Political scientists, along with counterparts in other social science disciplines, have sought a number of theoretical approaches to describing, explaining, and predicting coalitional behavior. Coalitions arise in situations with at least three actors (individuals, groups, countries), wherein no single actor can achieve an optimal outcome on its own; rather, cooperation with one or more other actors is necessary. Coalition theories purport to shed light on why alliances emerge, why they take the forms they do, how they endure, and why they collapse.

Much of coalition theory embraces the basic assumptions of rational political behavior. Faced with dilemmas about how to maximize gains through cooperation with one or more other parties, rational political actors will weigh preferentially ordered alternative strategies and consistently pursue coalition options connected with more preferred outcomes. The game-theoretic tradition, which has dominated coalition research, flows directly from this foundational assumption of rationality. Game theorists view the process of coalition formation as a social interaction in which bargaining behaviors can be modeled by a priori assumptions and deductive propositions about what the negotiators value most.

Conventional coalition theory generally makes four assumptions: relevant players in the coalition game are unified parties, each of which can be considered a single bargaining entity with indivisible motives; the coalition game is zero-sum, with gains by one party constituting losses for another; the universe of possible coalitions is formed by all "winning" combinations of actors; and the game of coalition formation is a single-shot event, independent of previous or future bargaining between the parties to the game. From these baseline assumptions, formal coalition theory has advanced at least two major strands of research: size-criterion studies (the "office-seeking" tradition) and ideological/policy distance (the "policy-seeking" tradition).

In his 1962 book William Riker deduced a "size principle" by which in «-person "games" coalitions of minimum size would be expected to form. Hoping to craft a minimum-winning coalition large enough to win but no larger, rational actors in Riker’s model would, for example, consistently decide to form coalitions of no more than 201 members in a 400-seat parliament. Similarly, in the hypothetical 400-member parliament a coalition of two equally powerful parties combining for 60 percent of the seats would be preferred to a coalition of four equally powerful parties with 60 percent of the seats. The clear assumption is that the overwhelming motivation of rational political actors in coalitional situations is the zero-sum maximization of a fixed prize to be shared among the fewest actors possible. Self-interested actors driven by garnering for themselves the largest share of a fixed-sum prize tend to see the virtues of compromising principles or policies if doing so increases the likelihood of winning.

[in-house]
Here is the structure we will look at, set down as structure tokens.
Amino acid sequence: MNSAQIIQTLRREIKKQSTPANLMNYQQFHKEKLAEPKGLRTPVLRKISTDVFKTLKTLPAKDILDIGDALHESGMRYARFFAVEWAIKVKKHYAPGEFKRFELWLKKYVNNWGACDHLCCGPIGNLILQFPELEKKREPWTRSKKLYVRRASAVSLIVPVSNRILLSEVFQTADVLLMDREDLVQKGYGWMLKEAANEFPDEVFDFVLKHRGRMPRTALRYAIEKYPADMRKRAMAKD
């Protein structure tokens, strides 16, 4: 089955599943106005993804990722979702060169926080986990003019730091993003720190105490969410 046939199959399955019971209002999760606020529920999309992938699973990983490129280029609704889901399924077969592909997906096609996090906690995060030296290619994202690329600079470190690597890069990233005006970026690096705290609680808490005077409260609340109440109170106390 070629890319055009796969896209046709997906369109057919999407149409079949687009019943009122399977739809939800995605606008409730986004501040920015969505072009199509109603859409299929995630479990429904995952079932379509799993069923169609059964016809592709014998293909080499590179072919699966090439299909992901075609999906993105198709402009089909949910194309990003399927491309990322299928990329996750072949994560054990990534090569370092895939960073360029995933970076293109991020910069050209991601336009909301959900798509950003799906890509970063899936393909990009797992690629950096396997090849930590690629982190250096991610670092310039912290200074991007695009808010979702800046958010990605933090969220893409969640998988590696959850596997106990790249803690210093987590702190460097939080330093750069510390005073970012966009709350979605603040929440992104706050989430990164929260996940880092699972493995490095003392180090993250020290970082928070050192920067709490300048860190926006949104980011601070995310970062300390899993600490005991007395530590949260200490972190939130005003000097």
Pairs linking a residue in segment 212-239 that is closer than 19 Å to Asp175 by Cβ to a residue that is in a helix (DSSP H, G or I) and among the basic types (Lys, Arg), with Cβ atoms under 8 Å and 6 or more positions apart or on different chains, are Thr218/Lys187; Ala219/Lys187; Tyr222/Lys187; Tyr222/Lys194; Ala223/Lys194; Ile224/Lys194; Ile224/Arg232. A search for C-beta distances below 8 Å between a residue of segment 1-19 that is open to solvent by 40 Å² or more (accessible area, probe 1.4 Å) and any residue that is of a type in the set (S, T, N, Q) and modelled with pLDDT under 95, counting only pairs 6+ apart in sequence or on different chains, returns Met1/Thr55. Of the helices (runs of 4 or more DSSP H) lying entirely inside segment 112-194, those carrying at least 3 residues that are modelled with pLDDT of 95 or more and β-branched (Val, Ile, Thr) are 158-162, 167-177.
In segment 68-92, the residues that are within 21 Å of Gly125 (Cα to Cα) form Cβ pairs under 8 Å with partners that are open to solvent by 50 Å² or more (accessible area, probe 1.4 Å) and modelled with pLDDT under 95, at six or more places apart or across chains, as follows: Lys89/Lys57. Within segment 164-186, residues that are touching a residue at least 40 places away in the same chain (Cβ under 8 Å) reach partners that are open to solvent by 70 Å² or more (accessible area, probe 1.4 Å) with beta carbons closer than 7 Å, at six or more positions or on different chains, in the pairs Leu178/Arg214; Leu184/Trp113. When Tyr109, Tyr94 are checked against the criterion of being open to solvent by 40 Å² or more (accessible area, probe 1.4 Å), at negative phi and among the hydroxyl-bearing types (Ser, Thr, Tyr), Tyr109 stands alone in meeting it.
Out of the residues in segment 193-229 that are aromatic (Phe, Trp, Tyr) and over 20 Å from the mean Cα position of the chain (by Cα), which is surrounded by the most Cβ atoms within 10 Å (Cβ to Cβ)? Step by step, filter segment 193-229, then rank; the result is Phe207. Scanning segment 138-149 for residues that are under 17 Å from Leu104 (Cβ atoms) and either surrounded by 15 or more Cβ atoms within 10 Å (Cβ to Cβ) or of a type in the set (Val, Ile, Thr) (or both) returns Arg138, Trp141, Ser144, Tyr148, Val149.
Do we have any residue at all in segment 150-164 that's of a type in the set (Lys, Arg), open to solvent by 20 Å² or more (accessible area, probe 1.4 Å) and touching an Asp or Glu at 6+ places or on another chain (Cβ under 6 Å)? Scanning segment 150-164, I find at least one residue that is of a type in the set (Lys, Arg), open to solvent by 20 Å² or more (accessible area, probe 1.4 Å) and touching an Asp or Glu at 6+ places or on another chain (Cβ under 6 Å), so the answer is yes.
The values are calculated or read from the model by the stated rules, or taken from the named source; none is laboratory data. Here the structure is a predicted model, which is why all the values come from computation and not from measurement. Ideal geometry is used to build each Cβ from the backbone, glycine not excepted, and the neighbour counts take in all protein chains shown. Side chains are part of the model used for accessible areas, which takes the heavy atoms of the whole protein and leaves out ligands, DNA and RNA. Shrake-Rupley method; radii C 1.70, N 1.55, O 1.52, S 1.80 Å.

Advocates of a rival policy-seeking theoretical approach to understanding coalitions countered that actors seek to build alliances with those partners closest to them ideologically and do not simply jump to form alliances with any constellation of "strange bedfellows" that produces victory. In this theoretical camp, articulated most clearly by Abram De Swaan in his seminal 1973 book, the argument is that players in the coalition game seek to minimize the range of policy disagreement and ideological heterogeneity among members of a potential winning coalition. In a legislative context, this anticipates that the most frequent type of coalition found would be those in which members of the winning government would be adjacent or "connected" if placed on an ordinal, single-dimension left-right ideological scale.

Coalition theory has developed considerably since the pioneering works of Riker, De Swaan, and others. Scholars now seek to replace the traditional office-seeking versus policy-seeking dichotomy by borrowing from spatial theories of party competition to model bargaining on the basis of multiple policy dimensions. Still, criticisms of traditional coalition theory abound. Detractors contend that formal theories based on rational choice/game theoretic propositions fail to capture the practice and reality of coalition politics. Models of unconstrained minimalist rationality operating within the context of laboratory-pure "games," say the critics, cannot account for the frequent departures from minimum-winning coalitions (namely, the occurrence of oversized "surplus majority" coalitions or undersized "minority" coalitions). Further, it may be wrong to assume that all coalition actors pursue the same goals, behave as monolithic unitary actors, and engage in the same kind of complex calculus of mathematical alternatives. Whereas some political scientists see the way forward as a choice between formal coalition theory (based on deductive assumptions about rational behavior) and rich description (detailing cases and actor characteristics), others claim such a choice to be a false dichotomy. Advancing knowledge about political coalitions, this latter group contends, will come through systematic and meaningful measurement of structural features that constrain rational behavior.

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